You must be assessed by your GP before you can be referred to the Radiology Department at the Auckland DHB (Greenlane and Starship sites). As there is only a certain amount of money and a limited number of specialists working at the hospital, it is not possible for the Radiology Department to see every patient who is referred.

There are currently more requests for appointments than we have the capacity to see. All requests from GPs for x-rays and ultrasound and other examinations should be made using the electronic referrals tool that GPs have on their computers. This tool helps the GP to know whether a particular imaging request is likely to be the right one. Sometimes it will advise him/her that other tests are needed before/or/ instead of an x-ray or ultrasound, or CT/MRI. Once the referral is received by the hospital, a priority rating is attached to that referral. The most urgent cases get seen first and more routine cases will wait longer. Referrals where a requested imaging exam has little chance of contributing to the diagnosis will not be done at all. In this latter case, the referring doctor will receive a letter suggesting an alternative (better) pathway to advance the diagnosis in that patient.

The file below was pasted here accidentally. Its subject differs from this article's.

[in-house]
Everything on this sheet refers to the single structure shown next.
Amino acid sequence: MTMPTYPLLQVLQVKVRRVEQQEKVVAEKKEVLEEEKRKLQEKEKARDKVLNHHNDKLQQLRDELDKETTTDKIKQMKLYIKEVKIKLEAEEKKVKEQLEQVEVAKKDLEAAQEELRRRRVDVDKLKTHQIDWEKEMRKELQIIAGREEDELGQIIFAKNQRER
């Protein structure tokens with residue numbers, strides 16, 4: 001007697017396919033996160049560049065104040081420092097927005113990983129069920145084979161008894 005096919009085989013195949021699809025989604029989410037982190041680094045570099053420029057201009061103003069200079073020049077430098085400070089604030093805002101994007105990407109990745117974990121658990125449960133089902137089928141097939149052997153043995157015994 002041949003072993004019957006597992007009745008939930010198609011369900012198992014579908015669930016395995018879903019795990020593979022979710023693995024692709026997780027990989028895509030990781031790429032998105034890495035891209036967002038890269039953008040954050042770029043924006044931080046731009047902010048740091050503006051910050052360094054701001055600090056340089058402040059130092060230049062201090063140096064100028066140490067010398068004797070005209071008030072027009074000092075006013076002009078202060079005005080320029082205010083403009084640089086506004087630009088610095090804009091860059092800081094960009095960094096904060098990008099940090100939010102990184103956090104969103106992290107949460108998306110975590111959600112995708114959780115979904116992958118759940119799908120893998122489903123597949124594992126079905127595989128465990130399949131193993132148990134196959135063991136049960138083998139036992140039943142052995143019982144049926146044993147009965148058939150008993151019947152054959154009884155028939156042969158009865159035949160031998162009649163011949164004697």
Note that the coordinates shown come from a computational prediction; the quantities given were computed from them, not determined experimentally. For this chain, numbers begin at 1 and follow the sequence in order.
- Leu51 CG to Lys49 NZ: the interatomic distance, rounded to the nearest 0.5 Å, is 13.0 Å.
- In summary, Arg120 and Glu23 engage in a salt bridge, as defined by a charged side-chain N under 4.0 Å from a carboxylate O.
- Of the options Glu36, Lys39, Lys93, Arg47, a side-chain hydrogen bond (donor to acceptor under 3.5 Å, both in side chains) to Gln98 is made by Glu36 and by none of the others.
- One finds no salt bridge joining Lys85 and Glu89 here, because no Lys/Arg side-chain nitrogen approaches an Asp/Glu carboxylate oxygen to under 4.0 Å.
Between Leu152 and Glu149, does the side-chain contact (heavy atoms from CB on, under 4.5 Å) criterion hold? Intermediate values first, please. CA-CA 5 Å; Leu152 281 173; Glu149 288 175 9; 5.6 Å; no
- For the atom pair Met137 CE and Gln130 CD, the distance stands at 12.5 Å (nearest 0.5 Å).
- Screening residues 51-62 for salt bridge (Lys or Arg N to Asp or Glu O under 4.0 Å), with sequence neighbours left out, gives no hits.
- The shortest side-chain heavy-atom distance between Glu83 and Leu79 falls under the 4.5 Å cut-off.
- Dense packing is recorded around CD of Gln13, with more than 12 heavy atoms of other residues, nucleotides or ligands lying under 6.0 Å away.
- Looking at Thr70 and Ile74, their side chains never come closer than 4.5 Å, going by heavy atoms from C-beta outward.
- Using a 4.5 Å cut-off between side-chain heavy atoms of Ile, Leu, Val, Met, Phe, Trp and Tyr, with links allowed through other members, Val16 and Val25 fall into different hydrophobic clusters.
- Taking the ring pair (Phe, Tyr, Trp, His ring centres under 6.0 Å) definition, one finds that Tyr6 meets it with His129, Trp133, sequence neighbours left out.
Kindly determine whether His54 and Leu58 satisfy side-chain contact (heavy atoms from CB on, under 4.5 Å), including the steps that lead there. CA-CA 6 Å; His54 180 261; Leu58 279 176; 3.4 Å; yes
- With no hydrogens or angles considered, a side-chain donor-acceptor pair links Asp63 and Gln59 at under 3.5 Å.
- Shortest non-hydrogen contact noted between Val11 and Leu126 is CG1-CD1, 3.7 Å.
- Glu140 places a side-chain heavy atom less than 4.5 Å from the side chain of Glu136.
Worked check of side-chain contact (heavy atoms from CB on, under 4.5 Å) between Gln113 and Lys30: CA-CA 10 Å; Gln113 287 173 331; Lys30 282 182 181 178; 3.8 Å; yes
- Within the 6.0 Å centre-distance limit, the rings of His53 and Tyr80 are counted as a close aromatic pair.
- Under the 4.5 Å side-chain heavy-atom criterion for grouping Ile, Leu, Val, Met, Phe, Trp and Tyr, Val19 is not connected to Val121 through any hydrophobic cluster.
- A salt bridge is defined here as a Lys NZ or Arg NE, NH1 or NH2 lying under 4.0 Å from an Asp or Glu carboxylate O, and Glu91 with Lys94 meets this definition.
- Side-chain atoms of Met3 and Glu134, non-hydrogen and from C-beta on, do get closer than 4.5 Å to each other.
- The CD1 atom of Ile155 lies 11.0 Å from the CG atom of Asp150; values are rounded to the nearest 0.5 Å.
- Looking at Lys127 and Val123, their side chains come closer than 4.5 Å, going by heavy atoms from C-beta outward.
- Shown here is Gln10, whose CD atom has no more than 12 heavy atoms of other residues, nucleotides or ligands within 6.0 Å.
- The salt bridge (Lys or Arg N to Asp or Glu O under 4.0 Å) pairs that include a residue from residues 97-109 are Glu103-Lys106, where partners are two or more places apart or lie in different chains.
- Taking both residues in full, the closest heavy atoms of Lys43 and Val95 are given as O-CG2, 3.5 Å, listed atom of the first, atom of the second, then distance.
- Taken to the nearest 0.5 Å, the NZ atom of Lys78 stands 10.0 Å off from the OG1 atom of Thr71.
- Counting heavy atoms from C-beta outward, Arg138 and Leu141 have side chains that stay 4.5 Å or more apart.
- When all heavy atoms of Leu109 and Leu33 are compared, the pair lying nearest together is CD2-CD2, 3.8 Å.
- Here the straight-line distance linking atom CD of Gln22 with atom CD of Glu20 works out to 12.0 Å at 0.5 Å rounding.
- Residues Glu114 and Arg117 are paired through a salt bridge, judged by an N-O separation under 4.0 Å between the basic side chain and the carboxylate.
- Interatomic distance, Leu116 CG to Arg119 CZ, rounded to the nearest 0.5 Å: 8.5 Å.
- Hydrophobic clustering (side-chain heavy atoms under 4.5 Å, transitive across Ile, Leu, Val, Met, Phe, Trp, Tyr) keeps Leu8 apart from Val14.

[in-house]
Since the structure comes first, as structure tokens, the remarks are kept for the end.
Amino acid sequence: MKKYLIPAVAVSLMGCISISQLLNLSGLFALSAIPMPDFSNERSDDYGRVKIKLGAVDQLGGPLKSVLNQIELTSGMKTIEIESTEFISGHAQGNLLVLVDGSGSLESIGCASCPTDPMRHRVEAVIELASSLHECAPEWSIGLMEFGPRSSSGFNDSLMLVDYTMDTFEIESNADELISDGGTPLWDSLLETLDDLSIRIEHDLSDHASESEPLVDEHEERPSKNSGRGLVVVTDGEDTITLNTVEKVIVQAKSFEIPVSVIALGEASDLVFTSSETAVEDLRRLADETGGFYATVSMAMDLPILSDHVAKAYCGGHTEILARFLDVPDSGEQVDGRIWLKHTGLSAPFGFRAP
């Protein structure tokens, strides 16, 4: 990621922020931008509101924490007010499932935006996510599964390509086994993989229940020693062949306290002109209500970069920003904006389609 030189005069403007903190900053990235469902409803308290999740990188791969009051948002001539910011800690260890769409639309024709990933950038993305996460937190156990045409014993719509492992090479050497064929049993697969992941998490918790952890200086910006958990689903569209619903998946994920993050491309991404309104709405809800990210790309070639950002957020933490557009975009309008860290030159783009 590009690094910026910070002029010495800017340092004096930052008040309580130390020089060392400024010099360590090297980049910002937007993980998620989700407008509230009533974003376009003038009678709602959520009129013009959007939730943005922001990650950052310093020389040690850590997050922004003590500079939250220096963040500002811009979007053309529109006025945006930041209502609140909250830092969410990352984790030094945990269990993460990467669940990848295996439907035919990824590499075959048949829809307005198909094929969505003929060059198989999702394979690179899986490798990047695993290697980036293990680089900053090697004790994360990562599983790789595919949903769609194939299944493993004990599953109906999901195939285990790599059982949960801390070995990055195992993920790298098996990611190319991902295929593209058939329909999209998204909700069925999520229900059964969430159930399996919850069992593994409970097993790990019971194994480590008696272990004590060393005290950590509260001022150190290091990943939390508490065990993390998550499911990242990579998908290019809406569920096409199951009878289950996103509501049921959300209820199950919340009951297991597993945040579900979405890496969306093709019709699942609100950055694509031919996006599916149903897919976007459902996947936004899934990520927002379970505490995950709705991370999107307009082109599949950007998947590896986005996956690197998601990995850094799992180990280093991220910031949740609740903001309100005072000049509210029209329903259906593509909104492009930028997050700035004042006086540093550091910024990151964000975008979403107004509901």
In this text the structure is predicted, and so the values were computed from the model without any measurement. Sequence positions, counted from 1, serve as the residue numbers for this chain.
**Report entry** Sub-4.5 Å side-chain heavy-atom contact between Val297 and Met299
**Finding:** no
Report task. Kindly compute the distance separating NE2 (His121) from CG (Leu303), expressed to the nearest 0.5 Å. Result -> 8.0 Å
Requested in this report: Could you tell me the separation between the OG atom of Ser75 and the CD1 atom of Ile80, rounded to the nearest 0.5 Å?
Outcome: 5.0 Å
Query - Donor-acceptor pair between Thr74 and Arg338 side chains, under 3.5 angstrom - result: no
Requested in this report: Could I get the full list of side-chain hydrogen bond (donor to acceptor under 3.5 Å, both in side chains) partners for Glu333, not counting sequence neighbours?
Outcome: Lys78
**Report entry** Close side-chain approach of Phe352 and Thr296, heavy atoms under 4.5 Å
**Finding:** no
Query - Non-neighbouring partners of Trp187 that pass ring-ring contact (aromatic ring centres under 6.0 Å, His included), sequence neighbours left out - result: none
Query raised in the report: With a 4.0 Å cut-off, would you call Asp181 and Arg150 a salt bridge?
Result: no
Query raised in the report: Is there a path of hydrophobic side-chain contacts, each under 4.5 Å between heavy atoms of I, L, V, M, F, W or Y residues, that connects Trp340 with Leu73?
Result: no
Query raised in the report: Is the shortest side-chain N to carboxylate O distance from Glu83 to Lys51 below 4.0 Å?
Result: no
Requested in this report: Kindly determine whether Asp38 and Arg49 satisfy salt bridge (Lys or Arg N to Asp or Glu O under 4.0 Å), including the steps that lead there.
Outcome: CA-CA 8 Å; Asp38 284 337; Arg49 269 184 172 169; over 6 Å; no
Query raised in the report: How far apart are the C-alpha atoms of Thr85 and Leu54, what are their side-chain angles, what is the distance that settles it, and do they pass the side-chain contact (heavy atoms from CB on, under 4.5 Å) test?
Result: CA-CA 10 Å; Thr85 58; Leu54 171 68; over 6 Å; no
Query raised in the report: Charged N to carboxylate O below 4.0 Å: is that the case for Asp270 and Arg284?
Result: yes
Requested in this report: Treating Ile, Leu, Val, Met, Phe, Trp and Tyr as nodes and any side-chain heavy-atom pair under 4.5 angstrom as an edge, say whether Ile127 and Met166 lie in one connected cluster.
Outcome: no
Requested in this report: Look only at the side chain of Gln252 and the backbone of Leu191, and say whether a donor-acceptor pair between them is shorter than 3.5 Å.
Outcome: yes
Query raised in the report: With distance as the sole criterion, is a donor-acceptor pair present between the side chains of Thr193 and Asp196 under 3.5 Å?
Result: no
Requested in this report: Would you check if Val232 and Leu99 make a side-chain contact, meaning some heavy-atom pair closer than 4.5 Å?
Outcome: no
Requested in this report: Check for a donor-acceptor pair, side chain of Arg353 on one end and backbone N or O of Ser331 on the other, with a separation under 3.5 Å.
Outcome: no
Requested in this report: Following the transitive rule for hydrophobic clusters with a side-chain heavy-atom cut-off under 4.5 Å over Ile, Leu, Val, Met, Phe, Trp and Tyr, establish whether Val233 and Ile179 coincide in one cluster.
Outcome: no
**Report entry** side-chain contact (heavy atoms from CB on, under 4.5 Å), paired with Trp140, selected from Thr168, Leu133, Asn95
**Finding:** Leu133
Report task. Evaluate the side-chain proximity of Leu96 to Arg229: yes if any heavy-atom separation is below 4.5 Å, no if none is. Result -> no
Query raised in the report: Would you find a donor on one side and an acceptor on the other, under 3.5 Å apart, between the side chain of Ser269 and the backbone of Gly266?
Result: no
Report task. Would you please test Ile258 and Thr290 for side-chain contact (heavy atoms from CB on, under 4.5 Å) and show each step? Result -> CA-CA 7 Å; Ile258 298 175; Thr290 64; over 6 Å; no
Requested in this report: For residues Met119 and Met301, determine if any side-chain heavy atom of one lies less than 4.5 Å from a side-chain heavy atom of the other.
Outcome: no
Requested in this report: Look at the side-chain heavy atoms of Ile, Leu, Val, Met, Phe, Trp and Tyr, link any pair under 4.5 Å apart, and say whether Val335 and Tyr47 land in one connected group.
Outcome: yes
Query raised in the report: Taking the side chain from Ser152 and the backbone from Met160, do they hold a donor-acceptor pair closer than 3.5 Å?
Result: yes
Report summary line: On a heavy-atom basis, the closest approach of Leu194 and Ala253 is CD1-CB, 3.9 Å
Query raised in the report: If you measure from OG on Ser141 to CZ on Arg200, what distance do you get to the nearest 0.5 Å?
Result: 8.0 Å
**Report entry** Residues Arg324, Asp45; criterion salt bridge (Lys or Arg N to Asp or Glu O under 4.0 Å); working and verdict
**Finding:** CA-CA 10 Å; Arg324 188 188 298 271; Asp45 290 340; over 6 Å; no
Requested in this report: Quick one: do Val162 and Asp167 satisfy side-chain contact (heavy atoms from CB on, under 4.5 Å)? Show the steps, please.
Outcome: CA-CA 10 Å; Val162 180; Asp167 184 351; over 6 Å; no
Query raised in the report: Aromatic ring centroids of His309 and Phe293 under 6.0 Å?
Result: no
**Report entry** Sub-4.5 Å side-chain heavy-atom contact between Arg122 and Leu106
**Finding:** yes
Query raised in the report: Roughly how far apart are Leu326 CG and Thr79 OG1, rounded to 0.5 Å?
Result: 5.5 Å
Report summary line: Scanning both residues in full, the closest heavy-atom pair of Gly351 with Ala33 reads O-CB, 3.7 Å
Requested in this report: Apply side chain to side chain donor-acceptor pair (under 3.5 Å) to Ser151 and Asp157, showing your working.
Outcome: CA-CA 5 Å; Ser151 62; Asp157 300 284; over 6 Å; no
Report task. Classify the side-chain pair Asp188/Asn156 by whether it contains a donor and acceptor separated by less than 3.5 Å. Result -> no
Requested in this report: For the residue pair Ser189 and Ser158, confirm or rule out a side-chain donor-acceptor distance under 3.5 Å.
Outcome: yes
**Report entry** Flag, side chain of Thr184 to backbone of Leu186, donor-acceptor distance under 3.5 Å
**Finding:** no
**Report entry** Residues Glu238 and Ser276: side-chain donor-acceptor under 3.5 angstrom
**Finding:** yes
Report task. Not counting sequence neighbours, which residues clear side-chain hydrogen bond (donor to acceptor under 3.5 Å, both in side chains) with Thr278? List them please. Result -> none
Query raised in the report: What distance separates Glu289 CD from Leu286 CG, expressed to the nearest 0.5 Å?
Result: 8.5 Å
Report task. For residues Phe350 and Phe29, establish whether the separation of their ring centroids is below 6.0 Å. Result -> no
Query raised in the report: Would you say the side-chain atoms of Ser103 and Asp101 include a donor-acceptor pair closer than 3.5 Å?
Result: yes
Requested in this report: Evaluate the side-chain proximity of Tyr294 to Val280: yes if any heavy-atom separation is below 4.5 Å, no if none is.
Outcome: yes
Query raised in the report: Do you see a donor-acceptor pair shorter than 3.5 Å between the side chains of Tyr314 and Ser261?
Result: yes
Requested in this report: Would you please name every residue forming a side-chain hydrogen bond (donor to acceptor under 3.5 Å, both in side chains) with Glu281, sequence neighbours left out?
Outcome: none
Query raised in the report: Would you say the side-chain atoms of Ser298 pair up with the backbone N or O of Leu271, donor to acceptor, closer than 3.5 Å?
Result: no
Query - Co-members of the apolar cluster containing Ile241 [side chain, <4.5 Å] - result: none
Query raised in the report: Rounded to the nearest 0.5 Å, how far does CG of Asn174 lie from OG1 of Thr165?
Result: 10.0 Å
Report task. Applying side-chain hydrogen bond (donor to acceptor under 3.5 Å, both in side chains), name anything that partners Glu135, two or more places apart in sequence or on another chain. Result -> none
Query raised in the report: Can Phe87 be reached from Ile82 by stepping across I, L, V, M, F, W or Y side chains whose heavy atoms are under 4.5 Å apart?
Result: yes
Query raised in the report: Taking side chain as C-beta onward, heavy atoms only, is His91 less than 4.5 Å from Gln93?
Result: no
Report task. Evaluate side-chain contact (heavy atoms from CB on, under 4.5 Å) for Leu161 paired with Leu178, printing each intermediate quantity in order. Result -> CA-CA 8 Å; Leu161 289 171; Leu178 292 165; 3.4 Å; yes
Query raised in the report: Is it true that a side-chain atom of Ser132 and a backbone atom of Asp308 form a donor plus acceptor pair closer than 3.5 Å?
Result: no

Radiology does have a role to play in providing reassurance that a particular disease is not present. However, where the chance of a patient having that disease is very small, this role for radiology must take second place to the diagnostic role in the public hospital, where resources are very limited. The private sector radiology service has the capacity provide the reassurance role for a fee.

Once the referral from your general practitioner is accepted by us we will write to you giving you an appointment time and date. These appointments are scarce.  If you do receive one, please turn up on the day because, if you do not turn up, you will deprive another patient of this valuable appointment.

When you come please bring with you:

1.       Any letters or reports from your doctor or other hospital.
2.       Any previous ultrasound, X-Rays, CT or MRI films and reports.
3.       All medicines you are taking including herbal and natural remedies.
4.       Your pharmaceutical entitlement card.
5.       Your ACC number, if you have one.
 

If you have an urgent orthopaedic condition such as a fracture or a bone infection, your doctor will send you to the Emergency Department at Auckland City Hospital and the doctors there will arrange x-rays or scans on the same day.